A Moment of Science-logo

A Moment of Science

Science >

These vignettes remove some of the mystery from science, but not the wonder. A Moment of Science makes you think "Wow, that's neat!" and go tell somebody else about it. We've all hit our "funny bone." Why does it feel like that? What do bicycles, footballs, and space shuttles have in common? Can you really learn while you are asleep? Why do some birds hop and others walk? These and other questions about the world we live in are answered in A Moment of Science.

These vignettes remove some of the mystery from science, but not the wonder. A Moment of Science makes you think "Wow, that's neat!" and go tell somebody else about it. We've all hit our "funny bone." Why does it feel like that? What do bicycles, footballs, and space shuttles have in common? Can you really learn while you are asleep? Why do some birds hop and others walk? These and other questions about the world we live in are answered in A Moment of Science.
More Information

Location:

Bloomington, IN

Description:

These vignettes remove some of the mystery from science, but not the wonder. A Moment of Science makes you think "Wow, that's neat!" and go tell somebody else about it. We've all hit our "funny bone." Why does it feel like that? What do bicycles, footballs, and space shuttles have in common? Can you really learn while you are asleep? Why do some birds hop and others walk? These and other questions about the world we live in are answered in A Moment of Science.

Language:

English


Episodes

The Paradox Of Predator And Prey

7/19/2019
More
According to a study by scientists at McGill University, areas with more prey have more predators overall than areas with relatively sparse prey. However, an abundance of prey does not result in as many predators as might seem likely.

Duration:00:01:59

The Genetic Benefits Of Sleep

7/18/2019
More
Humans spend about a third of their lives asleep. Sleep seems essential for all animals that have a nervous system, but nobody really knows why.

Duration:00:01:59

The Science Of Cricket Fights

7/17/2019
More
Scientists tested male field crickets in competitions where they paired males with similar body mass and size, but different head sizes. They found that males with larger heads won more fights than males with smaller heads.

Duration:00:01:59

Was The Lorax Really A Monkey?

7/16/2019
More
A new study argues that the Dr. Seuss character The Lorax could have been inspired by a real monkey.

Duration:00:01:59

The Slimy Mental Networks Of Bacteria

7/15/2019
More
The human brain contains about 86 billion nerve cells, or neurons. They signal to one another electrochemically to control our behavior.

Duration:00:01:59

The Health Effects Of Coffee And Tea

7/12/2019
More
Coffee has so much more caffeine than tea that the body can absorb a lot of it quickly. Tea, on the other hand, makes the body work hard to absorb its caffeine.

Duration:00:01:59

The Slingshot Spider

7/11/2019
More
In 2019, researchers discovered a tiny spider in the Peruvian Amazon rain forest that has a behavior that’s surprisingly similar to the Marvel superhero Spiderman.

Duration:00:01:59

The Twin Benefits of Eating Less Meat

7/10/2019
More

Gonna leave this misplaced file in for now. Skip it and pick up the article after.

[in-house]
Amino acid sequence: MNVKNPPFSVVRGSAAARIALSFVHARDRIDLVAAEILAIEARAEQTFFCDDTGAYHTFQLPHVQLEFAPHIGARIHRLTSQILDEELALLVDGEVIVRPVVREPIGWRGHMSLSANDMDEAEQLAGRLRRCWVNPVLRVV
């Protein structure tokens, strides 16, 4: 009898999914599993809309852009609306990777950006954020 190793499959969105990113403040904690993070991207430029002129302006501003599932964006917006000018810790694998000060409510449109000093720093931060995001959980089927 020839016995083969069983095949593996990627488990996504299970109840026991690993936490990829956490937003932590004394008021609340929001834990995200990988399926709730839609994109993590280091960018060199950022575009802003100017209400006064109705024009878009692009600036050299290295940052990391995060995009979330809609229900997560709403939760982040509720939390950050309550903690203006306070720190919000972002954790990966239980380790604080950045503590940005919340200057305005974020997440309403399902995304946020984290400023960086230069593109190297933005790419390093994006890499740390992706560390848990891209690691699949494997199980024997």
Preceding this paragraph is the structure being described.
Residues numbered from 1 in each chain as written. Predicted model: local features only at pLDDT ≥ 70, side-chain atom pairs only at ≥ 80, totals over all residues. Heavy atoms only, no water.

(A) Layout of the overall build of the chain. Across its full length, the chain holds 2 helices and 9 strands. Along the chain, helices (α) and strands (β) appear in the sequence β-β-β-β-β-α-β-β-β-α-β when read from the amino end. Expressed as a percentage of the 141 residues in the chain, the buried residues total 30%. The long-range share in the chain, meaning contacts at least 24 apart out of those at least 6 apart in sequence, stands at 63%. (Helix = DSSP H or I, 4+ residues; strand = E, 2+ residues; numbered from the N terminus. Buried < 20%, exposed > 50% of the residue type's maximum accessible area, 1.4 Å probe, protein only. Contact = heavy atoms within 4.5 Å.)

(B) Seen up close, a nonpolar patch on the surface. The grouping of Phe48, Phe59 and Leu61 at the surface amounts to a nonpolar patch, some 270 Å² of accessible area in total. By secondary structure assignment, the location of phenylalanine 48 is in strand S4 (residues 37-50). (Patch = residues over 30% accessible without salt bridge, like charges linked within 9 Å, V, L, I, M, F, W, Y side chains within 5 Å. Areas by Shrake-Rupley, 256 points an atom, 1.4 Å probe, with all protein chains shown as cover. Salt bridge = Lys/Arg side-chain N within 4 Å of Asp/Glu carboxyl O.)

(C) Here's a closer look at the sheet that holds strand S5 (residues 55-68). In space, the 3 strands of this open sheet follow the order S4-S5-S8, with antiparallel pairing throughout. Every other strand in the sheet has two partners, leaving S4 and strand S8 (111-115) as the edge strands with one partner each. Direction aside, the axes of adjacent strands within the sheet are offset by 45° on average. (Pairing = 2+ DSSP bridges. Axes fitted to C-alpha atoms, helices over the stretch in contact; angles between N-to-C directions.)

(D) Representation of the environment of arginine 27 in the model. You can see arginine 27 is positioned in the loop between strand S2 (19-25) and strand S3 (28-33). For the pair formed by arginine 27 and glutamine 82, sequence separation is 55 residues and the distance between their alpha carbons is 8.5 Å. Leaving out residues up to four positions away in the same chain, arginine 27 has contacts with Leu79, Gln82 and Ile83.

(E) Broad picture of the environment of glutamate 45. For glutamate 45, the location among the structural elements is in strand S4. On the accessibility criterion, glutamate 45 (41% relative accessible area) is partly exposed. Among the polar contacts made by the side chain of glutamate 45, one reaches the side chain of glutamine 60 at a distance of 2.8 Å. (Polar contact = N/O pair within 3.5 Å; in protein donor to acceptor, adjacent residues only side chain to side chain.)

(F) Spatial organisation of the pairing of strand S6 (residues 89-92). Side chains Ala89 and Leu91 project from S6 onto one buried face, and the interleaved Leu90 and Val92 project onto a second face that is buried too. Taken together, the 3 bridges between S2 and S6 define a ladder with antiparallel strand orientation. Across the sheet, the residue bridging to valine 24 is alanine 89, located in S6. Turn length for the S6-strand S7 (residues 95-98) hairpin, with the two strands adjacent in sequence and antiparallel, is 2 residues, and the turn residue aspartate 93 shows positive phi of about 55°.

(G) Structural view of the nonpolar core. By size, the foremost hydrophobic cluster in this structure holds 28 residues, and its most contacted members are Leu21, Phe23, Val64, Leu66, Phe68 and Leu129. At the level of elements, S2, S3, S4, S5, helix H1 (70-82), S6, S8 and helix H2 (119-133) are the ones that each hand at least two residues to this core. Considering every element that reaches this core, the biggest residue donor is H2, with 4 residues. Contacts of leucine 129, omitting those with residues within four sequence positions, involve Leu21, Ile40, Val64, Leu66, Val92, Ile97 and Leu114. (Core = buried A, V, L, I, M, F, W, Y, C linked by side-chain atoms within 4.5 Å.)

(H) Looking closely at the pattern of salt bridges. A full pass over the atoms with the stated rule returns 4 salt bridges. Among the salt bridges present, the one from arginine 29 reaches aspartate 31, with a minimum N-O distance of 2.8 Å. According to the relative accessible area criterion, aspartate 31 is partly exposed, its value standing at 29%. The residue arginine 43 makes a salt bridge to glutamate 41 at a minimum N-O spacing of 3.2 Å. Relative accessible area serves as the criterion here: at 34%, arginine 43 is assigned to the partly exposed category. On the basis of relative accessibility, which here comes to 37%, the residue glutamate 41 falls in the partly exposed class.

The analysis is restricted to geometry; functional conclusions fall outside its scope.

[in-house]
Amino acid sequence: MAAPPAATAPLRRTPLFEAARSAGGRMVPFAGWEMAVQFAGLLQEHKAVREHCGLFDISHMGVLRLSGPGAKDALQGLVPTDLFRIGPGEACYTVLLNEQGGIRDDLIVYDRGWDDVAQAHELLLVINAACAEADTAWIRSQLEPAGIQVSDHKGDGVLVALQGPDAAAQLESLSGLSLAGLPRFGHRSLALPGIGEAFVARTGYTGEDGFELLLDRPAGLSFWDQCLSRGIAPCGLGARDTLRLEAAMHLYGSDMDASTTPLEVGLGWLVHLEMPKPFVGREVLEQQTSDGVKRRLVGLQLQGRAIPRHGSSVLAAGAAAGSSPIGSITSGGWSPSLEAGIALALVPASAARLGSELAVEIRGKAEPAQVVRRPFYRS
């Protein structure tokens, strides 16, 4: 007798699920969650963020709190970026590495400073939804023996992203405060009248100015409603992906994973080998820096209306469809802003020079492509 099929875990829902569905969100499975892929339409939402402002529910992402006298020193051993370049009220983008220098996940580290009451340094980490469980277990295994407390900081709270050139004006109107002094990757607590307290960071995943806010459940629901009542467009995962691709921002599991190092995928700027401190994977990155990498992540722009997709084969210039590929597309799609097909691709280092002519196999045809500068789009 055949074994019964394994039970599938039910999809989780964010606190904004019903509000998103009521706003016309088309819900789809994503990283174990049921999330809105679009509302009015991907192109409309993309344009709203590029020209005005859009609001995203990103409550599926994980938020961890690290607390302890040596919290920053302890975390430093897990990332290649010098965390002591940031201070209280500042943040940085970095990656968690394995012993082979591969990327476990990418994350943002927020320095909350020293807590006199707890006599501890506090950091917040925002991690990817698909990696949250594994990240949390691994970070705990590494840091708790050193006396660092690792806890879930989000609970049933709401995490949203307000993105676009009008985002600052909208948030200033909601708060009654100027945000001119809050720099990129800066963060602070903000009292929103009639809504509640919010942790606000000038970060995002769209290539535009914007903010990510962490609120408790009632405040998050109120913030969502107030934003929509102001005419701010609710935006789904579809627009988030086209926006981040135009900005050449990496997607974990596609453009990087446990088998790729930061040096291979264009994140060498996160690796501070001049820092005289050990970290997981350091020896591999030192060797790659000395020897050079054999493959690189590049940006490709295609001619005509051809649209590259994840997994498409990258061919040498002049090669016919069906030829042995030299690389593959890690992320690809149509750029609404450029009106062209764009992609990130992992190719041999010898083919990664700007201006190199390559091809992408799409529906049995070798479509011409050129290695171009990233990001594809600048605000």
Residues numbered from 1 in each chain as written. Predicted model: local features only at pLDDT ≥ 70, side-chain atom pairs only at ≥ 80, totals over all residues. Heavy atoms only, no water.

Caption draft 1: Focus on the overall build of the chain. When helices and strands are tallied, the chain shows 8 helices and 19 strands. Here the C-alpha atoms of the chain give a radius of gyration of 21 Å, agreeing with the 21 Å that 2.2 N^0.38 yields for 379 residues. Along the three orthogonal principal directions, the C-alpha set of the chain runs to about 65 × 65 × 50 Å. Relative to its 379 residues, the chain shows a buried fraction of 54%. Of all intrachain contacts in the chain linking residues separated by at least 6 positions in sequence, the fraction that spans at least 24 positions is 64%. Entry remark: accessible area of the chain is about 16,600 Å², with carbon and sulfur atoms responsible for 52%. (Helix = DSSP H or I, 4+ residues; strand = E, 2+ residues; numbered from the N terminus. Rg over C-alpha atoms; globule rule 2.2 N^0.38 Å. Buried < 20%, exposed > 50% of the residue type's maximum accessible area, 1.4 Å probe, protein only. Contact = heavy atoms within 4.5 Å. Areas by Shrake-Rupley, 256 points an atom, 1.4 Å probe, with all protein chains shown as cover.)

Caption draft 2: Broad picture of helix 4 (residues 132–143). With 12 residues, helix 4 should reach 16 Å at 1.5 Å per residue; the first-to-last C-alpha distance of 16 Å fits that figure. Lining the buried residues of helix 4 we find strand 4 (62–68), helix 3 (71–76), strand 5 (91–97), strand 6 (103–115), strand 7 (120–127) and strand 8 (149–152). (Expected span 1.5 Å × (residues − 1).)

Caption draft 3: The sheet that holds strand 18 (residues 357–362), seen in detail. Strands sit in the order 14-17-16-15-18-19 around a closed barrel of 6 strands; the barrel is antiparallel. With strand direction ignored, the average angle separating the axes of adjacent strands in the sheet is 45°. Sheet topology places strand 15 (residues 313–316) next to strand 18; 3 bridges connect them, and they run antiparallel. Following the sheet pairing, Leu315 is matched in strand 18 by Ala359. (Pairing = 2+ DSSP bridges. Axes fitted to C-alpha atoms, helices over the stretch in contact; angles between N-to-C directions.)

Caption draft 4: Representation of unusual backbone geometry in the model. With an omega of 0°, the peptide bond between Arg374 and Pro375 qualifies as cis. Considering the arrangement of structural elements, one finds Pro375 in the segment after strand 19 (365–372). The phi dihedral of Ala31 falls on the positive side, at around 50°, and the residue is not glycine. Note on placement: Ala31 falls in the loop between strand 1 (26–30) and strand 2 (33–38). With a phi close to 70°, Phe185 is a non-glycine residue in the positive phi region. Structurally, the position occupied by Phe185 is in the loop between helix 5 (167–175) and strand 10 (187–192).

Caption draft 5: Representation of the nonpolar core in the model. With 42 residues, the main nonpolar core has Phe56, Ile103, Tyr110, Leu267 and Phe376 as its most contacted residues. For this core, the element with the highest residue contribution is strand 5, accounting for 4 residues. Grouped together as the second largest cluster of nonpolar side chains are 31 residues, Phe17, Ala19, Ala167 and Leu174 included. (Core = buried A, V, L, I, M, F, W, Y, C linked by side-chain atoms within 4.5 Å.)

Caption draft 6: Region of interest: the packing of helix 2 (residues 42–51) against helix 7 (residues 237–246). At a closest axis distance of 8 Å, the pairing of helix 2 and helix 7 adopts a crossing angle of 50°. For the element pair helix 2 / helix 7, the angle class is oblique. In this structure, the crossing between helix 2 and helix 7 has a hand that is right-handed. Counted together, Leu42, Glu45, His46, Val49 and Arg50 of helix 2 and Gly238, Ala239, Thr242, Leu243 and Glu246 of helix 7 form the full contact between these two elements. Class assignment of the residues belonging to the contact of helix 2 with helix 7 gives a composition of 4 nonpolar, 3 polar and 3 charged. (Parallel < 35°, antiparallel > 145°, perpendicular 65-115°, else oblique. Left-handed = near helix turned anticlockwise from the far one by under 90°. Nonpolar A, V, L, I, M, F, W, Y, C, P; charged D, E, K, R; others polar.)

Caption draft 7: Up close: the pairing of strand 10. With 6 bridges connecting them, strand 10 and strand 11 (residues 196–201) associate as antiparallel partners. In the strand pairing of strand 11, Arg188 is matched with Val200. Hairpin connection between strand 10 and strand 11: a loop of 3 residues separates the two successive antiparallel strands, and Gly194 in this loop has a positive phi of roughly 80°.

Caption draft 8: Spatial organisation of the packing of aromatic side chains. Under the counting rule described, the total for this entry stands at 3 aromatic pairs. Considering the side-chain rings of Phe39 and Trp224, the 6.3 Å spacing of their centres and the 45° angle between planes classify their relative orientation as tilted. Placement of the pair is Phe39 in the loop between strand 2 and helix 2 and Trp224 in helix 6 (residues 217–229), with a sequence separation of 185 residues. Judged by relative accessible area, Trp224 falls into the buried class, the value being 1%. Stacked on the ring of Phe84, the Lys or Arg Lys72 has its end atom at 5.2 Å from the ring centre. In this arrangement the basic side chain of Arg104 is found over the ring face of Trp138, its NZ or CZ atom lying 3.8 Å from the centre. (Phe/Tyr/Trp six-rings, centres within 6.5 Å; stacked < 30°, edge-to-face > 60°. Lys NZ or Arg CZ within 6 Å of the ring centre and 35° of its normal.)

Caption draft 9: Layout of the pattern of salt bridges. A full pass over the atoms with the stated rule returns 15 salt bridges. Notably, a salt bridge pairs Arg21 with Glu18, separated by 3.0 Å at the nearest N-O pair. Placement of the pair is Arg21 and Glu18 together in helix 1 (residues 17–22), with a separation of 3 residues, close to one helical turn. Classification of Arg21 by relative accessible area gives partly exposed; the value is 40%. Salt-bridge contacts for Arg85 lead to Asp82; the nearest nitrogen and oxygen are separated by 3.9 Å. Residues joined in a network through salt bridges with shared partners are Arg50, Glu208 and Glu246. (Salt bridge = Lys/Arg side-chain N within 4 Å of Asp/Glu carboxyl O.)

Research shows that health models and emissions models join up if people were to consume less meat worldwide, by cutting from their diet 2-3 portions of meat per week.

Duration:00:01:59

Crow Thievery

7/9/2019
More
Crows are always on the lookout for others to rob, and they alter their tactics depending upon whether their victim is related or not.

Duration:00:01:59

The Crafty Octopus

7/8/2019
More
Scientists have known for some time that octopuses make use of shells and other objects they find to hide from predators.

Duration:00:01:59

Human Hunters Are Unique In Nature

7/5/2019
More
Technology puts humans outside the constraints nature imposes on other predators and makes us superpredators. Using weapons, humans kill nine times as many large carnivores as any other species.

Duration:00:02:00

The Danger Of Spitting Cobras

7/4/2019
More
The scariest thing about cobras is that some species don’t even have to bite you to injure you. They can spit poison a distance of three feet, and they always aim for the eyes.

Duration:00:01:59

Painless Genetics

7/3/2019
More
Doctors in Scotland recently came across a woman who has a gene mutation that makes everything from bumping into furniture to getting surgery totally painless.

Duration:00:01:59

The History of Continental Drift

7/2/2019
More
North and South America were arranged in nearly the same positions as they are today as far back as 20 million years ago. A significant difference was that they were separated by a deep open channel called the Central American Seaway.

Duration:00:01:59

Monkeys That Chew Their Cud

7/1/2019
More
Proboscis monkeys from Borneo and cows have something in common: they both chew their cuds.

Duration:00:01:59

The Physics Of Setting Grapes On Fire

6/28/2019
More
If you cut a grape in half and put the two halves in the microwave so that they’re touching each other, it will produce a glowing fireball.

Duration:00:01:59

Asian Jumping Worms

6/27/2019
More
Asian jumping worms are, as their name suggests, an invasive species. They were first reported in the U.S. in 1939, and were first found in Wisconsin in 2013.

Duration:00:01:59

Traveling Whale Barnacles

6/26/2019
More
Scientists are still trying to figure out just how long whales have been making annual trips south for the winter.

Duration:00:01:59

Ancient Egyptian Cat Lovers

6/25/2019
More
The Ancient Egyptians substantially influenced the personality of the domesticated cat, turning a fierce predator into the house cat of today.

Duration:00:02:00

Blow Dryer Flier

6/24/2019
More
Blow dryers show us something about physics. Here's an experiment you can do at home. All you need is a blow dryer, and a ping-pong ball.

Duration:00:01:59